Frontier Psychiatrist

Space Cowboy – A Review of Ben Mezrich, Sex on the Moon

Posted on: January 16, 2012

Ben Mezrich has chronicled the high-stakes shenanigans of shady students at elite educational institutions for nearly a decade. His best-sellers include: Bringing Down the House: The Inside Story of Six MIT Students Who Took Vegas for Millions; Ugly Americans: The True Story of the Ivy League Cowboys Who Raided the Asian Markets for Millions; and The Accidental Billionaires: The Founding of Facebook. In his latest book, the precocious protagonist is Thad Roberts, an aspiring astronaut who steals moon rocks from NASA. Allegedly worth millions, the lunar samples are literally priceless, since it’s illegal for anyone to buy, sell, or even own a piece of the moon.

Sex on the Moon is a compelling hybrid of heist thriller, love story, and morality tale. Beneath the page turner plot, the book both celebrates and critiques the American values of self-improvement, prosperity, and recognition. As in his prior work, Mezrich vacillates between elitism and anti-elitism. His portrait of Roberts implies a fine line between striver and criminal, romantic and sociopath.

While Mezrich never condones the moon rock heist, he humanizes Roberts in his transformation from bright star to thief. The sympathetic portrait starts as Roberts escapes his small-town roots and the Mormon parents who disown him for the sin of premarital sex. He then catapults from the University of Utah to an elite internship at NASA’s Johnson Space Center in Houston. There, among some of the country’s top science students, he becomes the big man on campus: teacher’s pet, party boy, daredevil, and man of mystery. Despite his success, he still never feels like he belongs. Eventually, he hatches a plan to steal the moon rocks with his new girlfriend and pull off “the heist of the millennium.” By now, the reader is rooting for him to succeed.

As a portrait of a romantic, Sex on the Moon reads like a nonfiction version of The Great Gatsby. Roberts reinvents himself just as farm boy James Gatz became the glamorous Gatsby.  LIke Gatsby,  his tragic flaws include hubris, narcissism, and grandiosity. He’s driven by an obsessive desire for status, acceptance, and love for a woman he barely knows. And in a scientific culture built on collaboration, he refuses to be “just one bright star in a constellation.” Above all, Roberts has a tenuous grip on reality. As Mezrich writes: “Fantasy had always been his true talent, the cloak he’d wrapped himself in to protect him from the things he couldn’t control.”

The book’s hard-boiled style keeps the pace brisk and the tension high, yet tends toward melodrama. While cliches like “train wreck in progress,” “total loose cannon,” and “avoid…like the plague,” may reflect the voice of the characters, they distract from the strength of the story.  Ironically, the prose sometimes reads like Mezrich’s own appraisal of Roberts’s letters to his girlfriend: “Flowery, sometimes cliched, but always sincere.”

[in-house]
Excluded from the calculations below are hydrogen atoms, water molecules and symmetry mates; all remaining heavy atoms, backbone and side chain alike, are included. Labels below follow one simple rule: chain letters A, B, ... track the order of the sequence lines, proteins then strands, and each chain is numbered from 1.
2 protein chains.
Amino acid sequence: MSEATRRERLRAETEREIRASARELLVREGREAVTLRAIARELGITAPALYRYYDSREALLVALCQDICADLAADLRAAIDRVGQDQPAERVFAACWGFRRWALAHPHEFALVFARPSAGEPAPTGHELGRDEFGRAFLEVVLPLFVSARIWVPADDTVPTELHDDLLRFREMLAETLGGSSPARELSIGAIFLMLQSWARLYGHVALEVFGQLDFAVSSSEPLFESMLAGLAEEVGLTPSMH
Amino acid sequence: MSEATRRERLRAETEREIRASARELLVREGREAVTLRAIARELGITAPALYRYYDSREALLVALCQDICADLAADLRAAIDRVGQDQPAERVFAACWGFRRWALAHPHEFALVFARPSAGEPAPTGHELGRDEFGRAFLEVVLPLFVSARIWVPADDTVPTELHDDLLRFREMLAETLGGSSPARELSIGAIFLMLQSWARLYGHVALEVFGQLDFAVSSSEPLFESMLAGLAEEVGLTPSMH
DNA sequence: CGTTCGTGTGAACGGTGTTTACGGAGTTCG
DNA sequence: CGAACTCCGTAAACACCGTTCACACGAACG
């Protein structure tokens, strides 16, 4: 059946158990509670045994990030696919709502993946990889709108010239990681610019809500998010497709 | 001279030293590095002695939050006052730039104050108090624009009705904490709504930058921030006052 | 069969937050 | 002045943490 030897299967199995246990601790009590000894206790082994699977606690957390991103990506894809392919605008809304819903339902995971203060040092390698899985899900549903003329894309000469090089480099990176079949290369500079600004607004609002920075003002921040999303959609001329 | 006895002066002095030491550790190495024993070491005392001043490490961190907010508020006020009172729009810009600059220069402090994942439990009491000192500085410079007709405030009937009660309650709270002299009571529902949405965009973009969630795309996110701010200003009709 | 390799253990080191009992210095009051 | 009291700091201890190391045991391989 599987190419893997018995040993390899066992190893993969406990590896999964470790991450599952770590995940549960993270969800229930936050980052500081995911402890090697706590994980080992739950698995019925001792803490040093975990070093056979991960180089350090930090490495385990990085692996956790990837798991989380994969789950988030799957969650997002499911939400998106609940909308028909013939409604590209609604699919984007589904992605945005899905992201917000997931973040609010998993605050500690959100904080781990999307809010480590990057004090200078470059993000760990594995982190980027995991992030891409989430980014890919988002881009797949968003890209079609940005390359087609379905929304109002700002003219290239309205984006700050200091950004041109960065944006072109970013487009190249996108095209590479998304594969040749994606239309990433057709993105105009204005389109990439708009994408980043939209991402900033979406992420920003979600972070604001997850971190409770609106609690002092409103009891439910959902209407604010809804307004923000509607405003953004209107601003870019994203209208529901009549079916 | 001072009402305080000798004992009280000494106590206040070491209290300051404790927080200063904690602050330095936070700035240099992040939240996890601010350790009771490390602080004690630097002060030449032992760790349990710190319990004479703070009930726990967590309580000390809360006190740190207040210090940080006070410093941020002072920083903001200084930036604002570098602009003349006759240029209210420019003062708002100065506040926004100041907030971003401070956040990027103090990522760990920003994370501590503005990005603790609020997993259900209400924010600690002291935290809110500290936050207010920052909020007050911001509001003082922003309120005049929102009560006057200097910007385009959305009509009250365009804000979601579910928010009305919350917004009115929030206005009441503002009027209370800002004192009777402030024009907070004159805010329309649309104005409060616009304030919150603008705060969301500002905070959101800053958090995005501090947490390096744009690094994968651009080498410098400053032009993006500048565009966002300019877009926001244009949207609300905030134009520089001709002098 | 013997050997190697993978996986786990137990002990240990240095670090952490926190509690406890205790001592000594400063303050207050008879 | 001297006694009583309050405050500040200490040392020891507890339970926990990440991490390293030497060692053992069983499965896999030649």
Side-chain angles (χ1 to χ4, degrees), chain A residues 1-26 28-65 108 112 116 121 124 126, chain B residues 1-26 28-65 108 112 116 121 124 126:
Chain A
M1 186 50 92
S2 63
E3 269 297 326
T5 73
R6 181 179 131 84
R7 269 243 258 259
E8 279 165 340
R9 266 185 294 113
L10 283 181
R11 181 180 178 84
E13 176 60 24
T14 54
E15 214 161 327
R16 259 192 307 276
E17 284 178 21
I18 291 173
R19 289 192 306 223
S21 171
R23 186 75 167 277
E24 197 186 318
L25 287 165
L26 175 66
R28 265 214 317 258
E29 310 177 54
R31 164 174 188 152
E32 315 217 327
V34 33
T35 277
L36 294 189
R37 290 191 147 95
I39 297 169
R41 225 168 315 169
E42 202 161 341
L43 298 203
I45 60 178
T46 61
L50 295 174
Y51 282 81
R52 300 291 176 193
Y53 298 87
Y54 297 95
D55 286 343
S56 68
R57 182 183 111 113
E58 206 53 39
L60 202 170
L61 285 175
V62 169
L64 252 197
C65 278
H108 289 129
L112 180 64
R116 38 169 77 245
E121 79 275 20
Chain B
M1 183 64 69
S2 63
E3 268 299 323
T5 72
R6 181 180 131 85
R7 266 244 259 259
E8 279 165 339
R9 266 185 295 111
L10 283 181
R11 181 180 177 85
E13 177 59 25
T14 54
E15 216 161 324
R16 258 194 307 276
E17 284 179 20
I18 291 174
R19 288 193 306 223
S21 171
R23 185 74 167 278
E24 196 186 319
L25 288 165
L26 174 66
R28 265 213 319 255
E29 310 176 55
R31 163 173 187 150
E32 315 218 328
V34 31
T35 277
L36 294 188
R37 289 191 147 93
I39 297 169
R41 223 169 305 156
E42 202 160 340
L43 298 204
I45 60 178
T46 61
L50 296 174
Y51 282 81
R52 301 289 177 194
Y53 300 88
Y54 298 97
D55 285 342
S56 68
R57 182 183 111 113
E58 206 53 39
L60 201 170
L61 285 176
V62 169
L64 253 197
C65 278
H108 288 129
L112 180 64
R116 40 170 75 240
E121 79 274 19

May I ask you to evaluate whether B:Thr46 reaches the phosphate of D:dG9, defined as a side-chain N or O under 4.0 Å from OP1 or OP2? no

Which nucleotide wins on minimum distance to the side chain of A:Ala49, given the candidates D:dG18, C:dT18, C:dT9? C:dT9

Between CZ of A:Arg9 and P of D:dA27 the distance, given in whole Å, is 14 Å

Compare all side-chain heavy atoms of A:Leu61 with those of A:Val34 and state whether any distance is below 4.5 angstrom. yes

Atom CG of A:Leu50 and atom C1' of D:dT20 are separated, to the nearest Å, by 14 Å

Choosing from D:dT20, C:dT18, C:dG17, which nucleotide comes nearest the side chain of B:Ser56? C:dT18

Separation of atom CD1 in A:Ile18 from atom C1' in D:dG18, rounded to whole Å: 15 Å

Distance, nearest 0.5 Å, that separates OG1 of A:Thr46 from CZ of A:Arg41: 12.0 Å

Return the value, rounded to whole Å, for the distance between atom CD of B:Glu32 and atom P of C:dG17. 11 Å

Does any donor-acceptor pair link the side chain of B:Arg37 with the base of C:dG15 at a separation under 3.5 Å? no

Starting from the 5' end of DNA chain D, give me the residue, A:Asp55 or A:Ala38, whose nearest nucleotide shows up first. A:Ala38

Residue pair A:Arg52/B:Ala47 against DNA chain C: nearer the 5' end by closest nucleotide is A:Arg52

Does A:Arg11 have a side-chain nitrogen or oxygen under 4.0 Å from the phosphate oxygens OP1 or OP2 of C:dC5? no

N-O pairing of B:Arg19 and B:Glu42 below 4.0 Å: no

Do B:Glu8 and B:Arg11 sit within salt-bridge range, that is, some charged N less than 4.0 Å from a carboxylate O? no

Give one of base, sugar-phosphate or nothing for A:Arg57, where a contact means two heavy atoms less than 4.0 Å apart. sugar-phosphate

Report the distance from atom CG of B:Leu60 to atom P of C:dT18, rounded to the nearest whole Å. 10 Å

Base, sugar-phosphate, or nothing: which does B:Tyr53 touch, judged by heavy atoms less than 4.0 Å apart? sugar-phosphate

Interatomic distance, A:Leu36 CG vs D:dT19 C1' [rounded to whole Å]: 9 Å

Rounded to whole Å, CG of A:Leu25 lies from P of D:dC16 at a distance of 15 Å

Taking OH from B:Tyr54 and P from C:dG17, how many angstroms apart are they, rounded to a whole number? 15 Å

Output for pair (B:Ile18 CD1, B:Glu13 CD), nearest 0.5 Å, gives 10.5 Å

That said, the story should translate well to the screen. (Mezrich’s previous books inspired 21 and The Social Network). With the frequent movie allusions in Sex on the Moon, the author practically supplies the pitch: Apollo 13 meets Mission Impossible meets James Bond. Even Roberts and his girlfriend fantasize about their lives being made into a movie.

It’s no spoiler to say that nobody literally has sex on the moon. But in one of the book’s most memorable scenes, Roberts comes damn close.

Keith Meatto is co-editor of Frontier Psychiatrist. His recent reviews include Between Parentheses and The Third Reich, both by Roberto Bolaño. For more reading recommendations, see his Top 10 Fiction Books of 2011 and Top 10 Nonfiction Books of 2011.


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8 Responses to "Space Cowboy – A Review of Ben Mezrich, Sex on the Moon"

[…] Home Space Cowboy – A Review of Ben Mezrich, Sex on the Moon […]

[…] Meatto is co-editor of Frontier Psychiatrist. His recent reviews include Adam and Evelyn, Sex on the Moon and two books by Roberto Bolaño: Between Parentheses and The Third Reich. For more reading […]

[…] Meatto is co-editor of Frontier Psychiatrist. His recent reviews include Adam and Evelyn, Sex on the Moon and two books by Roberto Bolaño: Between Parentheses and The Third Reich. For more reading […]

[…] Meatto is co-editor of Frontier Psychiatrist. His recent reviews include Adam and Evelyn, Sex on the Moon and Between Parentheses. For more reading recommendations, see his Top 10 Fiction Books of […]

[…] Meatto is co-editor of Frontier Psychiatrist. His recent book reviews include Sex on the Moon, The Third Reich, and Extra Virginity. Really. Share […]

[…] of Frontier Psychiatrist. His recent book reviews include Extra Virginity, Adam and Evelyn, and Sex on the Moon Share this:ShareEmailTwitterFacebookRedditStumbleUponYahoo BuzzDiggLike this:LikeBe the first to […]

[…] of Frontier Psychiatrist. His recent book reviews include Extra Virginity, Adam and Evelyn, and Sex on the Moon Share this:ShareEmailTwitterFacebookRedditStumbleUponYahoo BuzzDiggLike this:LikeOne blogger likes […]

[…] include Roberto Bolaño’s The Secret of Evil, Alain de Botton’s Religion for Atheists, and Sex on the Moon. He likes to gamble, but not in casinos. Share this:ShareEmailTwitterFacebookRedditStumbleUponYahoo […]

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